The lab’s research focus is on the psychological and sociocultural context of dominant discourses about sexuality and gender. Among the cultural mediators that both represent and reconfigure bodily, sexual and identity norms and practices are media, marketing and medical authorities. In our work, we examine how ‘responsible’ neoliberal and postfeminist subjects are constructed in a range of representational contexts that target embodiment, identities and practices.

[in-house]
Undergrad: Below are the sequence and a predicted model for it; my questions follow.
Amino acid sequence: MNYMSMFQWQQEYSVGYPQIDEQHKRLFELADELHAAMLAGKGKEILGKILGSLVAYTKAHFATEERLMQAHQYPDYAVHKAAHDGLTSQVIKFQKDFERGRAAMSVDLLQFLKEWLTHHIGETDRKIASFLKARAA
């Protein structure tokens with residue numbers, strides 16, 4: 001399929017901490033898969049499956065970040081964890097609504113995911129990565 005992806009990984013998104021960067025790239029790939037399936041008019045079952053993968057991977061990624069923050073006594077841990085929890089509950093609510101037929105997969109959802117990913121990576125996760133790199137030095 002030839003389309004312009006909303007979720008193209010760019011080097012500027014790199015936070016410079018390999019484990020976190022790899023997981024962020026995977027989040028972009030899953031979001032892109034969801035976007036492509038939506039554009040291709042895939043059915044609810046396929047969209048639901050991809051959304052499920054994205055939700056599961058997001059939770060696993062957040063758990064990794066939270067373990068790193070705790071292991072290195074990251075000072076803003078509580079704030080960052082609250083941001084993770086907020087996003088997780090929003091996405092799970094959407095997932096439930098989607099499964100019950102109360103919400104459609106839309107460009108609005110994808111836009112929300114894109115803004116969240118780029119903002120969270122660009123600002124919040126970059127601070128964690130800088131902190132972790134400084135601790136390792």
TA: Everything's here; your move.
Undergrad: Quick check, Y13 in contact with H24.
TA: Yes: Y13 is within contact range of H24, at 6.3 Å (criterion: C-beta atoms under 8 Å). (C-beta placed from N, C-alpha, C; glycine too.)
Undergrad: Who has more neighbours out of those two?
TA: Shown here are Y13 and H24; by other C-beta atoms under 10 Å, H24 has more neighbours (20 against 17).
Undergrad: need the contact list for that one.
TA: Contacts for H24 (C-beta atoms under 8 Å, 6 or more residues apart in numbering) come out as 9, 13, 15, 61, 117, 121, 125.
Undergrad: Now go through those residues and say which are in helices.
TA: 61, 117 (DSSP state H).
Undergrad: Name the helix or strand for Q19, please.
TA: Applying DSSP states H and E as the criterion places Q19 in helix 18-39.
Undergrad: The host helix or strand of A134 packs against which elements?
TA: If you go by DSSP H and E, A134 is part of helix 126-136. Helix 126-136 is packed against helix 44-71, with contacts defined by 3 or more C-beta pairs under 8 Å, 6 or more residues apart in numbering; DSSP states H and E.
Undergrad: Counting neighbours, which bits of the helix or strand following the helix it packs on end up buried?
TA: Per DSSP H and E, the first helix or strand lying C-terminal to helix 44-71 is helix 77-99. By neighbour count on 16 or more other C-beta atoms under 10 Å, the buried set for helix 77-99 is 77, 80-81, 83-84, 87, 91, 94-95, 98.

Sample studies include: sexual agency and desire in the context of postfeminism, sexual entrepreneurship and pornography; popular and medical depictions of recreational sexual enhancement medication use; recreational sexual enhancement medication users’ accounts of sexuality; penile rehabilitation patient literature messages; sexuality following prostate cancer treatment among men and their partners; the meaning of queer within ‘post-gay equality’ contexts; women’s consumption of male homoerotic media; and men’s popular instructional texts and techniques for attaining multiple female sex partners. These projects represent growing scholarship on the ways neoliberal and postfeminist discourses converge on bodies and identities to shape responsible (depoliticized) sexual subjects as requiring ongoing enhancement, mastery, and autonomous control. We rely on a range of theoretical approaches broadly categorized as critical sexuality scholarship.